When Daphne Simon needed to organize a virtual conference for 170 attendees, she turned to a team of 20-year-olds to handle the technology.
She called Maddy Hearne, a second-year business student at Ryerson University in Toronto, who co-founded a virtual meeting business, First Class Conferencing Facilitation Inc., in the early days of the COVID-19 pandemic. The idea came about when Ms. Hearne stepped in to help her mother, Diane Gee, a labour mediator and arbitrator, set up and run a meeting on Zoom. Ms. Gee told some friends and soon her daughter had her first paid clients.
By late spring, Ms. Simon, executive director of the Society of Ontario Adjudicators and Regulators, was shifting to an online plan for the organization’s 32nd annual conference, which is held in the fall. She worried about how to sort out personalized links for an as-yet unknown number of guests and juggle the attendance of close to 20 speakers along with breakout rooms for virtual networking.
“I’m not a Zoom virgin. I do dance classes, painting on Zoom. It’s not like I know nothing about the technology,” said Ms. Simon, noting that as she weighed all of the logistical concerns, “I realized I needed to find someone to do the technical side.”
Less than eight months after launching, First Class Facilitation, as it is also known, has more than 60 clients around the world, including numerous Canadian arbitrators and large law firms, and Ms. Hearne said last week the company is on track to bring in revenue of $500,000 by the end of the year. It has helped customers run Zoom mediations, arbitrations, hearings, collective bargaining sessions, shareholder meetings and even law student job interviews.
“One of the worst parts of meeting virtually is the technical issues that the presenter has to address and try and fix, and it stops the meeting,” she said. “We want to make sure that your meetings can run as smoothly as possible and as easily as they do in person and maybe even better than in person.”
Toronto is home to a large number of legal technology startups, but Ms. Hearne said her company happened into the space because of her mother’s work as an arbitrator. It turns out it’s an ideal fit because legal meetings often have many technical requirements, including breakout rooms and the need to share documents or ensure confidentiality.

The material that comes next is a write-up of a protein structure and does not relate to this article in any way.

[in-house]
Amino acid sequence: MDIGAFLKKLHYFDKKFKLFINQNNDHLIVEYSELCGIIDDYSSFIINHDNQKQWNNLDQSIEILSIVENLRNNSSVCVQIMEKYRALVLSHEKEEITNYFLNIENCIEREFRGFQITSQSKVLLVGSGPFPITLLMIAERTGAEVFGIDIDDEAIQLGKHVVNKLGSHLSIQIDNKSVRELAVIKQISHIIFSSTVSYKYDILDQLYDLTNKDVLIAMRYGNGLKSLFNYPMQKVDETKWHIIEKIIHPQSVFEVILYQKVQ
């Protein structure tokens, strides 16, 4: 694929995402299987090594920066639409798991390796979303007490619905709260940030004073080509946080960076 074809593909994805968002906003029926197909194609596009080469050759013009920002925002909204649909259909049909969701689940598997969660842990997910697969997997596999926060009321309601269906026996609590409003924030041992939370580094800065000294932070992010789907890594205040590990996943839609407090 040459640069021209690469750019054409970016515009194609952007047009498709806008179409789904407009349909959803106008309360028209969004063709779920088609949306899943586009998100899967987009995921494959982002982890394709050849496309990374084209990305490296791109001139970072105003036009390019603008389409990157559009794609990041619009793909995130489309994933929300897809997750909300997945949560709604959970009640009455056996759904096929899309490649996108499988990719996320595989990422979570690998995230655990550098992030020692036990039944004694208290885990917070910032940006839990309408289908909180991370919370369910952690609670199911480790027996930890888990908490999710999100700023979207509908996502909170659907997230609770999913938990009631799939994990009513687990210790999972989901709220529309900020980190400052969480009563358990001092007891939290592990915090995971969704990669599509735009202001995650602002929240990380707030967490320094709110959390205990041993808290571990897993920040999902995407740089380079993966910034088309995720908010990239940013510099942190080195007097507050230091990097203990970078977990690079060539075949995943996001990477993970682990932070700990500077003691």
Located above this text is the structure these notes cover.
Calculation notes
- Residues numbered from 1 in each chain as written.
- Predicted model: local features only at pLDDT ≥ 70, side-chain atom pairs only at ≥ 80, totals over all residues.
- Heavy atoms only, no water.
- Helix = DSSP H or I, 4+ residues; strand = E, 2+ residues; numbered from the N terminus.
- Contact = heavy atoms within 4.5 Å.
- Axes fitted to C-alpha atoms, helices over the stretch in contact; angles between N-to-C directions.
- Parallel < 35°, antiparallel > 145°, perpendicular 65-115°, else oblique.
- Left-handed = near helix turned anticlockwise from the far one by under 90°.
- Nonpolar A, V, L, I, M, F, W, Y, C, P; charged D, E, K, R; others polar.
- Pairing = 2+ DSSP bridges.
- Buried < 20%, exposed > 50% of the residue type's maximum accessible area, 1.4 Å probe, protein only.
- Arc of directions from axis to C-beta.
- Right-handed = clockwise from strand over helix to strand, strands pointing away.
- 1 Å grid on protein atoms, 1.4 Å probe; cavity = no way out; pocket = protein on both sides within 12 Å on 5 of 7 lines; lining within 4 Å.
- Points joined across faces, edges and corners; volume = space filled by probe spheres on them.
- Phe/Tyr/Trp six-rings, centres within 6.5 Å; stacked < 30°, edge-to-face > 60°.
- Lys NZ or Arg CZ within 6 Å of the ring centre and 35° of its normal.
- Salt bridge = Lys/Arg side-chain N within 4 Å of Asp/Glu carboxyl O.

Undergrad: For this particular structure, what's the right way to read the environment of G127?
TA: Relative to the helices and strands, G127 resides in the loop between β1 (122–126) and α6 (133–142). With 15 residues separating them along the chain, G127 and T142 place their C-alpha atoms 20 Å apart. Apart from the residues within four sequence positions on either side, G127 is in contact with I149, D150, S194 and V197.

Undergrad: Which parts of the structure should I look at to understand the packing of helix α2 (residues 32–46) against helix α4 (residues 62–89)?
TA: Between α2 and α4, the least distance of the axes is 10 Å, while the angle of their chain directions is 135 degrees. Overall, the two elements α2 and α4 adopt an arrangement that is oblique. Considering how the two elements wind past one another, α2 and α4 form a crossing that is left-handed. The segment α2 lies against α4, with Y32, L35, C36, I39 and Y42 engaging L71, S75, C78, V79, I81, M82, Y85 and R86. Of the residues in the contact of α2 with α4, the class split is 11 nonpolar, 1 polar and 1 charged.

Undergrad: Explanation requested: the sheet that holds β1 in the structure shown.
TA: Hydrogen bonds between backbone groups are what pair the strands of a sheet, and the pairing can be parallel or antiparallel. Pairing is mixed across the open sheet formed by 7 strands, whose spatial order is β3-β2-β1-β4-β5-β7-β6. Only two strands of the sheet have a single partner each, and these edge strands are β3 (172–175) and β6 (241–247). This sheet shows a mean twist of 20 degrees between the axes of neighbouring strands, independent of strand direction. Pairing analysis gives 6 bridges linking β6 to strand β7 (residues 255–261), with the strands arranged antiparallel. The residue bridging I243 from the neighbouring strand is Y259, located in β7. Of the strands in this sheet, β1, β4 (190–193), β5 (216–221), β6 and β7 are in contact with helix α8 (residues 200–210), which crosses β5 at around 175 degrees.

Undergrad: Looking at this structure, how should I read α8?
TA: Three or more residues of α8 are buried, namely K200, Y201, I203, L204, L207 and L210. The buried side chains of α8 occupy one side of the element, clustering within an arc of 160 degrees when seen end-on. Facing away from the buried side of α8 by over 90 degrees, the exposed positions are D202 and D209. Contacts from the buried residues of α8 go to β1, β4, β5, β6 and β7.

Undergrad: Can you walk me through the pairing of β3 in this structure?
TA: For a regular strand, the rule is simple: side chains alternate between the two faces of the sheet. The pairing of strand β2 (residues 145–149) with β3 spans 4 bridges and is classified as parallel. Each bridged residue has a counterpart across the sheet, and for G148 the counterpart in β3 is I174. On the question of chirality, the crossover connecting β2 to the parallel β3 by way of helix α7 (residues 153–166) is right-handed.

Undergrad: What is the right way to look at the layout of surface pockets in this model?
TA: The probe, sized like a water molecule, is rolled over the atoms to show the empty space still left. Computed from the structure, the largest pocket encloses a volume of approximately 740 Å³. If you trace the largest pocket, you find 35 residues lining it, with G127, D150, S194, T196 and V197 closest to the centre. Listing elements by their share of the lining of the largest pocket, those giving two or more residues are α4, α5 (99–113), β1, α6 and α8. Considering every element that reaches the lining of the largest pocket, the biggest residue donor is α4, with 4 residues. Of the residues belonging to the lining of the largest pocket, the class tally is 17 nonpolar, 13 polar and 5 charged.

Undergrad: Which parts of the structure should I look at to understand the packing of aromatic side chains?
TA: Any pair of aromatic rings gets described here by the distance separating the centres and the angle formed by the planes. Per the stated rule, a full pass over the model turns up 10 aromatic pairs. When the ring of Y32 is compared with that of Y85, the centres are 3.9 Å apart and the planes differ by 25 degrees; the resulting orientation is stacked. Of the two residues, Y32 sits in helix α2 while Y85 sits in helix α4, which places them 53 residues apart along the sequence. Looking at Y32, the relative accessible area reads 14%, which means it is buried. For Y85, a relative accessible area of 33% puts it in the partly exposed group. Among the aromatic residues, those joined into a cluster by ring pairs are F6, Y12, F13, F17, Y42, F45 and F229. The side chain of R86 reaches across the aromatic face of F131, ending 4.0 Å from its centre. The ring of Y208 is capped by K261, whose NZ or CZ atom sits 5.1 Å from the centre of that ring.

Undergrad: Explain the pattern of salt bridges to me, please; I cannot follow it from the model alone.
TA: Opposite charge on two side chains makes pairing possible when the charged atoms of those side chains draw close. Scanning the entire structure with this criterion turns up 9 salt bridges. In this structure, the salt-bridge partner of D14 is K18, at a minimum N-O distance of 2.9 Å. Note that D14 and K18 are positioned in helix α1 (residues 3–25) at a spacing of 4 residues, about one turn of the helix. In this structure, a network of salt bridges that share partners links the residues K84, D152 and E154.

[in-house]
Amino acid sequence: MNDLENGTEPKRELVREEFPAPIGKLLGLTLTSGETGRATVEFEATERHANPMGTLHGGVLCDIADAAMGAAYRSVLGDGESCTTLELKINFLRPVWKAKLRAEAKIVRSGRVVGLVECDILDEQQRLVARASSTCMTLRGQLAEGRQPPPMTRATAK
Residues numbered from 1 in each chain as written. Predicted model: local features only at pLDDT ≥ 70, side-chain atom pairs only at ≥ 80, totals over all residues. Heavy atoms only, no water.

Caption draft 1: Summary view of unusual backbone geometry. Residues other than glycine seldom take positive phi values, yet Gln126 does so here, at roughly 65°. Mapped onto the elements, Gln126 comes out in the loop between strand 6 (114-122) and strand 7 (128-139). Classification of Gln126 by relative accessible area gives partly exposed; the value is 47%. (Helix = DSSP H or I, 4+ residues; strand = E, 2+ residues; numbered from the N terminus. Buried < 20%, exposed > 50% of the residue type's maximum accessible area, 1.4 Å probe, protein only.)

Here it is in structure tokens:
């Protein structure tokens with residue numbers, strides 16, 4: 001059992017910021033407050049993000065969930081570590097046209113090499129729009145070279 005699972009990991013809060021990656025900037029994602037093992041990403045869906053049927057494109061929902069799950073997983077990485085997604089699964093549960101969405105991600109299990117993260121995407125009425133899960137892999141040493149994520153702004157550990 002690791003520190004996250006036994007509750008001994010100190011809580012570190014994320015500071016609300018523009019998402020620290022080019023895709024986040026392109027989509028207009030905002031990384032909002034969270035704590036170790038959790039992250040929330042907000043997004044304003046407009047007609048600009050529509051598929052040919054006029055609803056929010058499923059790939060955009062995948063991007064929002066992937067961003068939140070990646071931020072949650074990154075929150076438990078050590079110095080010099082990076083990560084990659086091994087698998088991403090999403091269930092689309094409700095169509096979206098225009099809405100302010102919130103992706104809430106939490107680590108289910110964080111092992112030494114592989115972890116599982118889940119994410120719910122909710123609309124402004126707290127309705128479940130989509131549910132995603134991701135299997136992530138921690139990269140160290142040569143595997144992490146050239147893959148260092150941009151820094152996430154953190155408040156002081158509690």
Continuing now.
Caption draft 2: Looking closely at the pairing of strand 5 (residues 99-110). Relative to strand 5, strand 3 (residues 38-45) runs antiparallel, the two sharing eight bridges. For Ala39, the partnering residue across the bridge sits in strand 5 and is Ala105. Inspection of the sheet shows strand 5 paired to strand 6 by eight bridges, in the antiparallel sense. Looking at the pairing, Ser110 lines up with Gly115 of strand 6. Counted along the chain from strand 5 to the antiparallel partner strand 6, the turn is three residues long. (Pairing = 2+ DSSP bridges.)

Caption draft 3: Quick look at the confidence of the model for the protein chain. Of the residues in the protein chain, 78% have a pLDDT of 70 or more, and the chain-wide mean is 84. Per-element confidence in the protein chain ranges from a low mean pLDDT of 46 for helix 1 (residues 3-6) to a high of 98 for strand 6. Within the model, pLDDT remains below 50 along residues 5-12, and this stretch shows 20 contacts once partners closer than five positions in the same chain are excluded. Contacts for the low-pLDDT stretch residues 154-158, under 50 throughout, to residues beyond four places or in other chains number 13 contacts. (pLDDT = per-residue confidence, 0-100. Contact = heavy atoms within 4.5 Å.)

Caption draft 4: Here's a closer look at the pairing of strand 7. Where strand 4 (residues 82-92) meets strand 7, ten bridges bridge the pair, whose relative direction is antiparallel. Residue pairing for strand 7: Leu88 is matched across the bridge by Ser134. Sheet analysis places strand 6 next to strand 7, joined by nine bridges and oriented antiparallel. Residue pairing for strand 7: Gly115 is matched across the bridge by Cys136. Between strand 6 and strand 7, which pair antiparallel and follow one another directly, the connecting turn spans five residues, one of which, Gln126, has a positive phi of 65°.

Now with 20 employees – all students as well – Ms. Hearne and her co-founder McKenzie Day, who is in his third year of a computer science program at Ryerson, are already looking to the future.
“Our biggest issue, at least right now, is how can we survive post-COVID? We’ve been working on expanding our business and really trying to establish how video web conferencing can be something that people can use even post-COVID,” she said.
William Kaplan, an Ontario-based mediator and arbitrator, has transitioned his practice, which includes class action, employment and labour law mediations and arbitrations, as well as collective bargaining, completely to Zoom. He was one of First Class Facilitation’s first clients in early April.
“They do all the technical stuff. Sometimes it is pretty straightforward, but sometimes we have people joining from all over the world. These guys are great at bringing people in, dealing with connectivity issues, helping people participate,” Mr. Kaplan said. “They have done everything for me from simple cases with a few lawyers and witnesses to class-action mediations with people all over the world, multiple virtual rooms, and endless hallway talk.
“It is pretty impressive that these two kids saw an opportunity in the market and then built a business around it," he said, adding he believes the pandemic-perfect business model can transition to a post-COVID world "because it is such an efficient way to bring people together.”
Ms. Hearne is staying in school for now but plans to see how far she can take the startup.
“It’s always been my passion to run a business and be a CEO of a company. This is such a great learning experience for me and as long as our clients want us, we will be growing and really working to make this as big as it could be.”
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